To soothe means to relieve pain and discomfort, to have gently calming effect. On her new album Norwegian singer songwriter Siv Jakobsen offers us A Temporary Soothing, with songs exploring her own anxieties and offering us comfort through her beautifully created soundscapes. Continue reading “Album Review: Siv Jakobsen – A Temporary Soothing”
In his Nobel Prize acceptance lecture Bob Dylan discussed how he first began learning old folk songs, eventually internalising them into his own songwriting. ‘You hear all the finer points, and you learn the details,’ he explained. By singing these songs he discovered ‘the devices, the techniques, the secrets, the mysteries’, concluding that ‘songs are alive in the land of the living’. Old songs are meant not just to be heard, but to be sung anew by the next generations.
Emma Swift began ‘Blonde on the Tracks‘, her project of Dylan covers, as a way to recover her artistic inspiration after experiencing depression. Mainly recorded in 2017 these versions were not even intended to be an album but when the pandemic destroyed Swift’s plans for touring she decided to release the recordings. Continue reading “Album Review: Emma Swift – Blonde on the Tracks”
Samantha Crain releases her new record after a time of personal turmoil which included physical injuries that left her unable to play her instrument. These challenging circumstances inspired her new album ‘A Small Death’ – creating a distinctive musical style that is atmospheric, dark and hauntingly beautiful. Continue reading “Album Review: Samantha Crain – A Small Death”
I started listening to this album on a cloudy summer’s day, with rain brewing in the stormy afternoon skies. As Courtney sang Some days are good, some days are bad / some days we want what we once had / some days I talk myself into a lie, I smiled in wry understanding. She might have been singing about the break up of a long term relationship which inspired this gorgeous new album Old Flowers but the words meant so much more now. On the cover she’s pensive as the sky darkens behind her; it’s almost like she knew this year would be spent in the shadows of what our lives could have been. As the songs swept their way across my living room in a sigh of sadness I admired their fragile perfection even more deeply knowing what we’ve all been through to get here. Continue reading “Album Review: Courtney Marie Andrews – Old Flowers”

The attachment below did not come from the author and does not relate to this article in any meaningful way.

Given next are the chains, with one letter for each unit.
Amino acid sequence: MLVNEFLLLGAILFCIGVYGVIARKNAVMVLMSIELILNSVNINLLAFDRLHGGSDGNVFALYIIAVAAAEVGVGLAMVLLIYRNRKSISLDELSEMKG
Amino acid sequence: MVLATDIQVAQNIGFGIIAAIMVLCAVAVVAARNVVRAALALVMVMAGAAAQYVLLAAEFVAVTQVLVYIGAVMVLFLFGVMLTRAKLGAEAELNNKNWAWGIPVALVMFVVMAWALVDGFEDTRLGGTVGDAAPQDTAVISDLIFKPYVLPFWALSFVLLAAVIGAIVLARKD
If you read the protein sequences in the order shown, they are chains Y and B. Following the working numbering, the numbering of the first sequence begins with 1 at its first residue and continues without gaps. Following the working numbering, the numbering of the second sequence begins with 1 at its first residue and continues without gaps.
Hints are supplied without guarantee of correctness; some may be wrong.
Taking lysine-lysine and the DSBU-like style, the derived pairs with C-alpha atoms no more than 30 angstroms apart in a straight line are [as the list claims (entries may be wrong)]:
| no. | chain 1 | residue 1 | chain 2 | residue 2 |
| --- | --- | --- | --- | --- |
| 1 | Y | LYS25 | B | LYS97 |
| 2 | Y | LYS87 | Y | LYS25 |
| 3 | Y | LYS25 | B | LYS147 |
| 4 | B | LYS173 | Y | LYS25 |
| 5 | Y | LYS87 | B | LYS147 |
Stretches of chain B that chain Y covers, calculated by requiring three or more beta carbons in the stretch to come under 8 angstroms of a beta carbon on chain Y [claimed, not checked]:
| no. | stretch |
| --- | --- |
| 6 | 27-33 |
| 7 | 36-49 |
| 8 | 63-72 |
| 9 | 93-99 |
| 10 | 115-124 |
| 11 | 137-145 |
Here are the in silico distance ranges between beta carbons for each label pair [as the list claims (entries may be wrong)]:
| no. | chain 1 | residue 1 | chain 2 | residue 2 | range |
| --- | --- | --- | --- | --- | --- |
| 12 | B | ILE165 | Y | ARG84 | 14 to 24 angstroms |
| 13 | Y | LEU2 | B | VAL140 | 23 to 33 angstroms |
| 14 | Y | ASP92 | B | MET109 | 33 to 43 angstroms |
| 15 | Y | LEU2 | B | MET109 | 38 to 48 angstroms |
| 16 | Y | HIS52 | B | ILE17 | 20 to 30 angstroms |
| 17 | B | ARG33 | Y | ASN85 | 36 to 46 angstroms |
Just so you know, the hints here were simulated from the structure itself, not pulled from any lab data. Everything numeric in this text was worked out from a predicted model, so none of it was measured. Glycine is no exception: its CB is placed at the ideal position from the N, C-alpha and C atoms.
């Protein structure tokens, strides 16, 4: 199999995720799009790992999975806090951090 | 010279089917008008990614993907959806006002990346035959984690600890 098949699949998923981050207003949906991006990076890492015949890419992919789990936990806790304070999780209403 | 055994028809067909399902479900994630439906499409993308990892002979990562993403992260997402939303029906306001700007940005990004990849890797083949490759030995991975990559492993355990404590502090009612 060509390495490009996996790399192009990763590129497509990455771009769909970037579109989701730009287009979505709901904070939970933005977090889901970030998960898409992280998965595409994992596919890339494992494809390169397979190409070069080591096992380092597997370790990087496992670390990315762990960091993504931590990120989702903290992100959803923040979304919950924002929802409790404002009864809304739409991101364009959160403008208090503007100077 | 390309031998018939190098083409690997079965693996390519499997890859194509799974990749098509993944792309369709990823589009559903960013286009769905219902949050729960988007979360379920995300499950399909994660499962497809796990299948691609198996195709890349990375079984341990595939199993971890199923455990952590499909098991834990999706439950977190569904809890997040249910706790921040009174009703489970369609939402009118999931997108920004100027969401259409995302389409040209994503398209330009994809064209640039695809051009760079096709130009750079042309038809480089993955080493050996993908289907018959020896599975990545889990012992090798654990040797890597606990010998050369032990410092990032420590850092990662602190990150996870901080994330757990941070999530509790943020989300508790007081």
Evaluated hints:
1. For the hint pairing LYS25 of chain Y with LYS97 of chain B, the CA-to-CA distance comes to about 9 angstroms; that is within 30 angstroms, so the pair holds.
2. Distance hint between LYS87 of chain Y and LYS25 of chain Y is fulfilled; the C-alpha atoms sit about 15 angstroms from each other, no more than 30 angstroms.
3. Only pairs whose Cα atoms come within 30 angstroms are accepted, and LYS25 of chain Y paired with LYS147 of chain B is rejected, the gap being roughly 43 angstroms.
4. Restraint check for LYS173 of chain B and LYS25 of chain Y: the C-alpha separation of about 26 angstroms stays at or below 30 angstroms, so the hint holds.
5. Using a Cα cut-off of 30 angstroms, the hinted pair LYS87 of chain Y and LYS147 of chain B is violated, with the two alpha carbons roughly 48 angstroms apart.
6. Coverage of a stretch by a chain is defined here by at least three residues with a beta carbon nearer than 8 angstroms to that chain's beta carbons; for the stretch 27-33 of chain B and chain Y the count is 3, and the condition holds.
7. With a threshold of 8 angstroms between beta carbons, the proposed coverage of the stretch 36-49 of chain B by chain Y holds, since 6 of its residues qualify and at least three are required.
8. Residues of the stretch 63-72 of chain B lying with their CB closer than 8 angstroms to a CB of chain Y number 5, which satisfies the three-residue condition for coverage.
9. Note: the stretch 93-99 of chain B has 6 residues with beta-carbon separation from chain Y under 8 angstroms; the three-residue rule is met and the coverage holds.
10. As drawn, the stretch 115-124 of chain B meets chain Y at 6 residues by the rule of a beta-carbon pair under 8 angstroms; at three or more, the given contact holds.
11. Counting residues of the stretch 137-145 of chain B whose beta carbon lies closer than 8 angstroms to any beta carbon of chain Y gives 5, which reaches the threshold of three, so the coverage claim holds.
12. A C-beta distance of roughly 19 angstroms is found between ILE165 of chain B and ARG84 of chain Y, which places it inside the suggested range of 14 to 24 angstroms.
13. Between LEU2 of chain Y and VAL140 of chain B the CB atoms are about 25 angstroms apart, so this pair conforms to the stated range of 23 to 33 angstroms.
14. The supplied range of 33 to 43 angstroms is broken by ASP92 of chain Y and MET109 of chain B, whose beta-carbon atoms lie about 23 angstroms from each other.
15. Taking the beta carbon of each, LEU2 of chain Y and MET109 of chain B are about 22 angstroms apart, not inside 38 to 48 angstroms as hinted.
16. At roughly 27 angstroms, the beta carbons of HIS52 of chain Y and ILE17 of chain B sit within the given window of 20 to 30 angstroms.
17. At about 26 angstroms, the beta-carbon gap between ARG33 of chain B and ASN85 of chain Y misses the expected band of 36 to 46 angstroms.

After taking a longer than planned break Lianne La Havas returns with a self titled record that quietly reasserts her musical identity. On the cover she may be hiding behind her hair but the smile on her face suggests a relaxed and open artist who has made it through some difficult times and is now comfortable with who she is. Continue reading “Album Review: Lianne La Havas – Lianne La Havas”
Esther Rose’s 2019 album You Made it This Far, was one of the most underrated releases of last year. Her mix of classic country and indie folk sounded fresh and distinctive – songs like Handyman, Only Loving You and Lower 9 Valentine were outstanding examples of what inventive Americana songwriting could be. She now follows up that release with this short and sweet EP of cover songs, which form a sort of playlist of influences on her musical style.
In a recent conversation with Waxahatchee’s Katie Crutchfield, Jess Williamson discussed how she was inspired by Kacey Musgraves’s ‘Golden Hour’ to fully embrace all her musical influences – from indie, to country, to pop, psychedelia and beyond. The musical results she conjures up on this new album Sorceress are shimmering and glorious. Continue reading “Album Review: Jess Williamson – Sorceress”
Anna Burch’s last album Quit the Curse was full of smart, understated indie pop that quietly sparkled. After a busy schedule of touring she returns with a new album If You’re Dreaming, which was recorded with producer Sam Evian at his studio in the Catskills. Musically the songs on the album are slow and gentle, suggesting a songwriter learning how to go at her own pace. Continue reading “Album Review: Anna Burch – If You’re Dreaming”
Why should I die so you can live? Laura Marling sings on the opening track of her new album Song For Our Daughter. Alexandra was partly inspired by a Leonard Cohen song and also how over history women were often only valued in what they could offer men – as muses or as mothers. Marling sings these songs for her own imagined daughter, dreaming of a future where women can live and love in a world free from such bullshit. Continue reading “Album Review: Laura Marling – Song For Our Daughter”